October 10, 2017: Dr. Hauke Wörpel (Leibniz-Institut für Astrophysik Potsdam (AIP)) has requested AAVSO assistance in obtaining observations of the eclipsing intermediate polar (IP) candidate V902 Mon in support of an XMM-Newton observation scheduled for 2017 October 14, 14:42 UT (duration 43,000s).
Dr. Wörpel writes: “The goal of this campaign is to verify its nature as an IP by verifying modulations at the white dwarf spin period (~37 min) in multiple wavelengths. If confirmed, V902 Mon would be the eclipsing IP with the longest known orbital period (8.162 hours). Based on a Swift observation it is also X-ray underluminous compared to other IPs, making it potentially a member of an X-ray faint population believed to be numerous but for which only two other examples (DQ Her and AE Aqr) are definitely known.
“The most useful observations will be a continuous series with exposures of moderate length. For instance, a previous AAVSO observing run on 17-18 Feb 2016 of this object used 90s V-band exposures and observed it continuously on two nights for several hours each, and this data was nearly perfect for our purposes. Similar runs in BVRI, beginning three or four nights before the XMM observation and extending to three or four nights afterward, will be very helpful. It will not matter if the exposure lengths are a bit longer, and it is not critical that the cadence be the same before and after the XMM observation. White light photometry [unfiltered] will be handy for timing purposes and to get the shape of the eclipse profile.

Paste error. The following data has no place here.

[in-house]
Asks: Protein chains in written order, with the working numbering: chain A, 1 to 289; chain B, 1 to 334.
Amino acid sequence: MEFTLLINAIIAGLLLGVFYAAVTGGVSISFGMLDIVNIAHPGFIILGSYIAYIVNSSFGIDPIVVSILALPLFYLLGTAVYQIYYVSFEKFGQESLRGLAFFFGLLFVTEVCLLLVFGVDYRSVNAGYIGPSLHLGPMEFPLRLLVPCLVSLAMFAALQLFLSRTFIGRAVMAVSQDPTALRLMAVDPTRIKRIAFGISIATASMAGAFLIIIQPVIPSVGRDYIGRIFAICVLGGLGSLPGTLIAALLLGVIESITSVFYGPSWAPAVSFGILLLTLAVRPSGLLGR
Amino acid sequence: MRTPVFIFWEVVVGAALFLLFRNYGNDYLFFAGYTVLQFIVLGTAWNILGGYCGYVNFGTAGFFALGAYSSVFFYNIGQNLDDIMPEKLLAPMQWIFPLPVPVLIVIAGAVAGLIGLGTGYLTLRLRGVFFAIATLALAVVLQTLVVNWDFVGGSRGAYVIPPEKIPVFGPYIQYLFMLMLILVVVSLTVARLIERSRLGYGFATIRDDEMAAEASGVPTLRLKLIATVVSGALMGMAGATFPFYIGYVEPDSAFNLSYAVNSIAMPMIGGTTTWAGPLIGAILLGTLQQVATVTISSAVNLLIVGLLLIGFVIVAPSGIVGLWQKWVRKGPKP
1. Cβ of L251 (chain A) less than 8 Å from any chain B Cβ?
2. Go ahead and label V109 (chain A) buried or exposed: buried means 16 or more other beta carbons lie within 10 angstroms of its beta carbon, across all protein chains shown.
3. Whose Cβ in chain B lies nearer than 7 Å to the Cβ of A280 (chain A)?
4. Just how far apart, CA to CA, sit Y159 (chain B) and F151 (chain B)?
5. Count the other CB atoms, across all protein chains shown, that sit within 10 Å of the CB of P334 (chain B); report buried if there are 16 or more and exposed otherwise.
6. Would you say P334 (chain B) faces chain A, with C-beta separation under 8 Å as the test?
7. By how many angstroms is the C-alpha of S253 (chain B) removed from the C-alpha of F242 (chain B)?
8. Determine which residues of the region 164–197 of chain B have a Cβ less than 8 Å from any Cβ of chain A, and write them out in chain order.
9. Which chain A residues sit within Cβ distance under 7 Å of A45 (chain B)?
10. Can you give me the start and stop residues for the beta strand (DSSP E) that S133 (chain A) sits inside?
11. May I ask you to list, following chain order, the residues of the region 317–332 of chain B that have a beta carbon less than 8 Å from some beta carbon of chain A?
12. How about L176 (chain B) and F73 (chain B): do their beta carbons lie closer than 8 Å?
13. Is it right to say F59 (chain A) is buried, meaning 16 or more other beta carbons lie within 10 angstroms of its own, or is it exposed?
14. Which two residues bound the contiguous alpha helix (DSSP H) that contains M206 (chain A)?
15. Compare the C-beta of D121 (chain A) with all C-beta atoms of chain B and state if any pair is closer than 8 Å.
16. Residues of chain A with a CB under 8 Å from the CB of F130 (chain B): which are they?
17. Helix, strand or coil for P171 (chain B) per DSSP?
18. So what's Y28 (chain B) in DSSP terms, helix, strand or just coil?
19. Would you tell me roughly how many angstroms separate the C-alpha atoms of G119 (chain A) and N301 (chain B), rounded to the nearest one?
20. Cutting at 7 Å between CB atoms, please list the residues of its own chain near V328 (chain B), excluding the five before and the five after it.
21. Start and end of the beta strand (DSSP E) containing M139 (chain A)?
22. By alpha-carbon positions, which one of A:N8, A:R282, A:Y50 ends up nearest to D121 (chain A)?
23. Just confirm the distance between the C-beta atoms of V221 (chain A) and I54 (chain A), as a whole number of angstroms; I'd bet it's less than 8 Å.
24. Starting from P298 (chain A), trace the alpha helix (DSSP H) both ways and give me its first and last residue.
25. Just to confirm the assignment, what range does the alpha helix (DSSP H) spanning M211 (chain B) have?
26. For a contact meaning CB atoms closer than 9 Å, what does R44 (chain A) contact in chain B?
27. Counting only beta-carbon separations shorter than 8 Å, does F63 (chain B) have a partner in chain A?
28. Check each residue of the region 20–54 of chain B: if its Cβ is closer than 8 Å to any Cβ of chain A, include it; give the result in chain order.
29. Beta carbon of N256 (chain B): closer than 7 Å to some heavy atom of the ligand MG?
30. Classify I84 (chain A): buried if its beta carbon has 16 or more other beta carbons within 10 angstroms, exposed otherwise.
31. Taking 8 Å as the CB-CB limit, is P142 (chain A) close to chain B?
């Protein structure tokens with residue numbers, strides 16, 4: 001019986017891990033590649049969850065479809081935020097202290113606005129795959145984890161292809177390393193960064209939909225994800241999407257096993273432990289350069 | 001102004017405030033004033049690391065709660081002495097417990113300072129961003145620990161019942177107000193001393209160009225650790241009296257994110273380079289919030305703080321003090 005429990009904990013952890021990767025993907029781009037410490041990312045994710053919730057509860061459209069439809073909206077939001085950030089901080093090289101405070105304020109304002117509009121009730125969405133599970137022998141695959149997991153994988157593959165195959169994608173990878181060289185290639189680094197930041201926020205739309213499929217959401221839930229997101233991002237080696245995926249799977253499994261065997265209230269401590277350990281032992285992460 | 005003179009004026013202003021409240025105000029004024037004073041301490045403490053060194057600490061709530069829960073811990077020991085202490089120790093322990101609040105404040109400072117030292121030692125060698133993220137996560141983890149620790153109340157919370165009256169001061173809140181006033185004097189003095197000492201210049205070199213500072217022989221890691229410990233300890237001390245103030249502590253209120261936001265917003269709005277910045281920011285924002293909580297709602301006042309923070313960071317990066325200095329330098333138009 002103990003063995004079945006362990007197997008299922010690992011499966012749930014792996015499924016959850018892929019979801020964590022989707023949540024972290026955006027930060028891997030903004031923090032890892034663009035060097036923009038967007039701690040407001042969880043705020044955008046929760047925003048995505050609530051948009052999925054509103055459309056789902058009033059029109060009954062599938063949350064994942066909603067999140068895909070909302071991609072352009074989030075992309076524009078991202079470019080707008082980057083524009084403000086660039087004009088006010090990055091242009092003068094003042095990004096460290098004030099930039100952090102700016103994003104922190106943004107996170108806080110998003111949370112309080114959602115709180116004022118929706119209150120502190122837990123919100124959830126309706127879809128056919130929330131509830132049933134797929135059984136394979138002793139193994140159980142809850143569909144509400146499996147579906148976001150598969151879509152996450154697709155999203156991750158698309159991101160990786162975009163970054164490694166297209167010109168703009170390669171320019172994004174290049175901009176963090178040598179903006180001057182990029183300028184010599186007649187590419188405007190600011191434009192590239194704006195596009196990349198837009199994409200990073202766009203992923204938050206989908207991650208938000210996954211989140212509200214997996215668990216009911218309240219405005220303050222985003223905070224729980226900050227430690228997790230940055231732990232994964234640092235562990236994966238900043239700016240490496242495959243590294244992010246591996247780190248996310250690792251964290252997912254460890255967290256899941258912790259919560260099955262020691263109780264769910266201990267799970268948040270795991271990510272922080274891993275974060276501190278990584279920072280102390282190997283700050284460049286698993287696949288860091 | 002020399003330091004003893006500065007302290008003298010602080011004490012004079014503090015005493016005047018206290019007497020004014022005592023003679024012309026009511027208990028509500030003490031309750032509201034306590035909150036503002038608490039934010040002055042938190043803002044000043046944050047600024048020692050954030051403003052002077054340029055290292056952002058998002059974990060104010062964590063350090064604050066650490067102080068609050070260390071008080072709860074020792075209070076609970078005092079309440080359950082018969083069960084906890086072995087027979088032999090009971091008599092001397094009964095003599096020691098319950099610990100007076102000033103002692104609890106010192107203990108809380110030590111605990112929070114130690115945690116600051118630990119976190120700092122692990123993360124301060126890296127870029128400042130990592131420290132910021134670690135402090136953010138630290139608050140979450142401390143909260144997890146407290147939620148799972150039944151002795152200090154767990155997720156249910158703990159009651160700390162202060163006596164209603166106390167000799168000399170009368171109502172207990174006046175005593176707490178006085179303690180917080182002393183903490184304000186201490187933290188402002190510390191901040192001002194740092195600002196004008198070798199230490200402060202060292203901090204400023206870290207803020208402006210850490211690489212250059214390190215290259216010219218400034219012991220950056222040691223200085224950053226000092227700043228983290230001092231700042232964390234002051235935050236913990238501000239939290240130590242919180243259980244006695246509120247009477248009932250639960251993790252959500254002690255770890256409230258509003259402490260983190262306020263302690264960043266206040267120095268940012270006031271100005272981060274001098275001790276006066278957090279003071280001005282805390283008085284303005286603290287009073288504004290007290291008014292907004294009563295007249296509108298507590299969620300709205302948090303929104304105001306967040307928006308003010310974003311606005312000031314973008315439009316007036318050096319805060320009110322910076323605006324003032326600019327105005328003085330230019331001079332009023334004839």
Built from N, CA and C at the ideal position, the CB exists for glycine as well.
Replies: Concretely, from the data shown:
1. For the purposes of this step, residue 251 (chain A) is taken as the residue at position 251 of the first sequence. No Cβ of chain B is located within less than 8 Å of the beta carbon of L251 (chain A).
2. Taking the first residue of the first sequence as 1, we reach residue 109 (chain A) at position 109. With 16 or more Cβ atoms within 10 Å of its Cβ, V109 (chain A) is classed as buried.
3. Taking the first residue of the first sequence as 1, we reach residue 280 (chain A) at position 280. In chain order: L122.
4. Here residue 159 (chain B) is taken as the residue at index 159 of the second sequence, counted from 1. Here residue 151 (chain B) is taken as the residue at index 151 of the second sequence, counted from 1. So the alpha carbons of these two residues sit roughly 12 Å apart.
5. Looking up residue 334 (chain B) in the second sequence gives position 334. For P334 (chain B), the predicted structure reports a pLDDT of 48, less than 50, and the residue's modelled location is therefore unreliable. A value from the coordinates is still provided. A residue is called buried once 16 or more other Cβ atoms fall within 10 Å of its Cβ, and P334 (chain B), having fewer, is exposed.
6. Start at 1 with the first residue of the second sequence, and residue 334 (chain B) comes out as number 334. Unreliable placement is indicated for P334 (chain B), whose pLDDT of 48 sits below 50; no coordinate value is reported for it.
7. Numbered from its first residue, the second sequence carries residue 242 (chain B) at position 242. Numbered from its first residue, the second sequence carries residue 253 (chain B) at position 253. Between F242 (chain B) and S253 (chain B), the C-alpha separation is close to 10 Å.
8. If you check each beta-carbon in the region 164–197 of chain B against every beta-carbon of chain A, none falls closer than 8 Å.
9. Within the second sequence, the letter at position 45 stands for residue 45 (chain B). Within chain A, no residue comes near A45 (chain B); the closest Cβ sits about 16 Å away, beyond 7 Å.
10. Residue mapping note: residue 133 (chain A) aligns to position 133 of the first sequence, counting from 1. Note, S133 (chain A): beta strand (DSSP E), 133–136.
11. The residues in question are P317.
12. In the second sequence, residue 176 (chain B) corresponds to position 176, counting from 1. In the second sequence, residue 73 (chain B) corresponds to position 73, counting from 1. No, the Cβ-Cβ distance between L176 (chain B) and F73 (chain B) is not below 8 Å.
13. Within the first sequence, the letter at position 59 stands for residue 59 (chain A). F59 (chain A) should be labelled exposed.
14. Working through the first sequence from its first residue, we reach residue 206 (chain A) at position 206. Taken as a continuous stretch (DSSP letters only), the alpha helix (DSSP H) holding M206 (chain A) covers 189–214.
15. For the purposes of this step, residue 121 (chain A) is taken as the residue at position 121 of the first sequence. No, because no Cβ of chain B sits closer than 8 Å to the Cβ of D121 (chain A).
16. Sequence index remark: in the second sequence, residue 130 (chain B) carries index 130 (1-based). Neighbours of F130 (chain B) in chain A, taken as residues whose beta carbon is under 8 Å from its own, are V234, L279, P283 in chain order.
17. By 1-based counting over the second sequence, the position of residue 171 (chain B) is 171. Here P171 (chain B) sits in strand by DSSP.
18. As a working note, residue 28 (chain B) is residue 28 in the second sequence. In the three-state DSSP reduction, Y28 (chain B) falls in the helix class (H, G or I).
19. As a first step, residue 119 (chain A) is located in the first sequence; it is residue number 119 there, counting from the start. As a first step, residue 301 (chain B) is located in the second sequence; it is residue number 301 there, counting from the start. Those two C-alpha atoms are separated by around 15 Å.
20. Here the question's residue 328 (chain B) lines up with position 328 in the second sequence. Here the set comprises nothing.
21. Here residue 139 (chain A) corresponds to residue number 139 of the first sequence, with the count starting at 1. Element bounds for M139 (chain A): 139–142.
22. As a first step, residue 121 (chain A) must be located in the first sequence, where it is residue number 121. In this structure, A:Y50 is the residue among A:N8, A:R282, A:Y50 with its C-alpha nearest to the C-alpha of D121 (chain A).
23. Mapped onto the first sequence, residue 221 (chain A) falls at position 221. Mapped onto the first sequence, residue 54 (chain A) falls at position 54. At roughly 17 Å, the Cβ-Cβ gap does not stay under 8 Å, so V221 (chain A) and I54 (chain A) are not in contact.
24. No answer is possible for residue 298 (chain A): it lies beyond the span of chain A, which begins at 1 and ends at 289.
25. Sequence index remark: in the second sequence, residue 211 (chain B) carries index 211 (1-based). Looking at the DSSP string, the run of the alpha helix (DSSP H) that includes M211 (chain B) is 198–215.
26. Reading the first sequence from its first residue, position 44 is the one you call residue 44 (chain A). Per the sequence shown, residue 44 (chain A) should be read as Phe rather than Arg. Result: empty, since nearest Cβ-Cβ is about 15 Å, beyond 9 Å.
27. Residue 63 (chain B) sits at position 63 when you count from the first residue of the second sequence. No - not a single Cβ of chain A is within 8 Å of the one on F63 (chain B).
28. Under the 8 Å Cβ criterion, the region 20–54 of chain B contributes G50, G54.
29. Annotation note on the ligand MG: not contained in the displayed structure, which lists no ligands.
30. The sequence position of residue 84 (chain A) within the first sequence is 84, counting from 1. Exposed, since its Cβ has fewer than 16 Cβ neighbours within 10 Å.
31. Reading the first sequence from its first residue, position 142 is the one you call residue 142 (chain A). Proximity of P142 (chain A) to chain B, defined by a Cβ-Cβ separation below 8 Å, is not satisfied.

“Timing accuracy is important…to match the orbital and spin phases in the optical to those in the XMM observation. We therefore request that CCD observations be synchronised via NTP.
“Observations of the eclipses will be especially helpful. Previous observations show a variable eclipse shape, at times displaying the flat-based profile of a point-like emitter and at other times the rounded shape given by an extended emitting source. Determining which state V902 Mon is in during the XMM-Newton observation will shed more light onto the accretion geometry.”
Dr. Wörpel’s eclipse ephemeris is: BJD 2453340.50674(3) + 0.34008278(5) x E.
There is also a published eclipse ephemeris for V902 Mon in VSX (https://www.aavso.org/vsx/index.php?view=detail.top&oid=161313).
Dr. Wörpel indicates that either ephemeris may be used. The difference between the two ephemerides in October 2017 will be only 4 minutes; he hopes to use the observations from the current observing campaign to refine his ephemeris further.
Beginning now and continuing through 2017 October 19 UT, V, and BVRI if possible, time series observations are requested according to the instructions given above. Unfiltered photometry reduced to a V sequence is also welcome. Be sure the timing is synchronized via NTP. Since V902 Mon is faint (V~17, and 18.5-19.0 in eclipse) and has slow rotation and orbital periods, cadence faster than 90 seconds for photometry is not necessary.
Coordinates (2000): RA 06 27 46.40 Dec. +01 48 11.2
Charts with a comparison star sequence for V902 Mon may be created using the AAVSO Variable Star Plotter (VSP).
Please submit observations to the AAVSO International Database using the name V902 MON.
This campaign is being followed on the Campaigns and Observation Reports Forum at https://www.aavso.org/v902-mon-xmm-campaign.
This AAVSO Alert Notice was compiled by Elizabeth O. Waagen.
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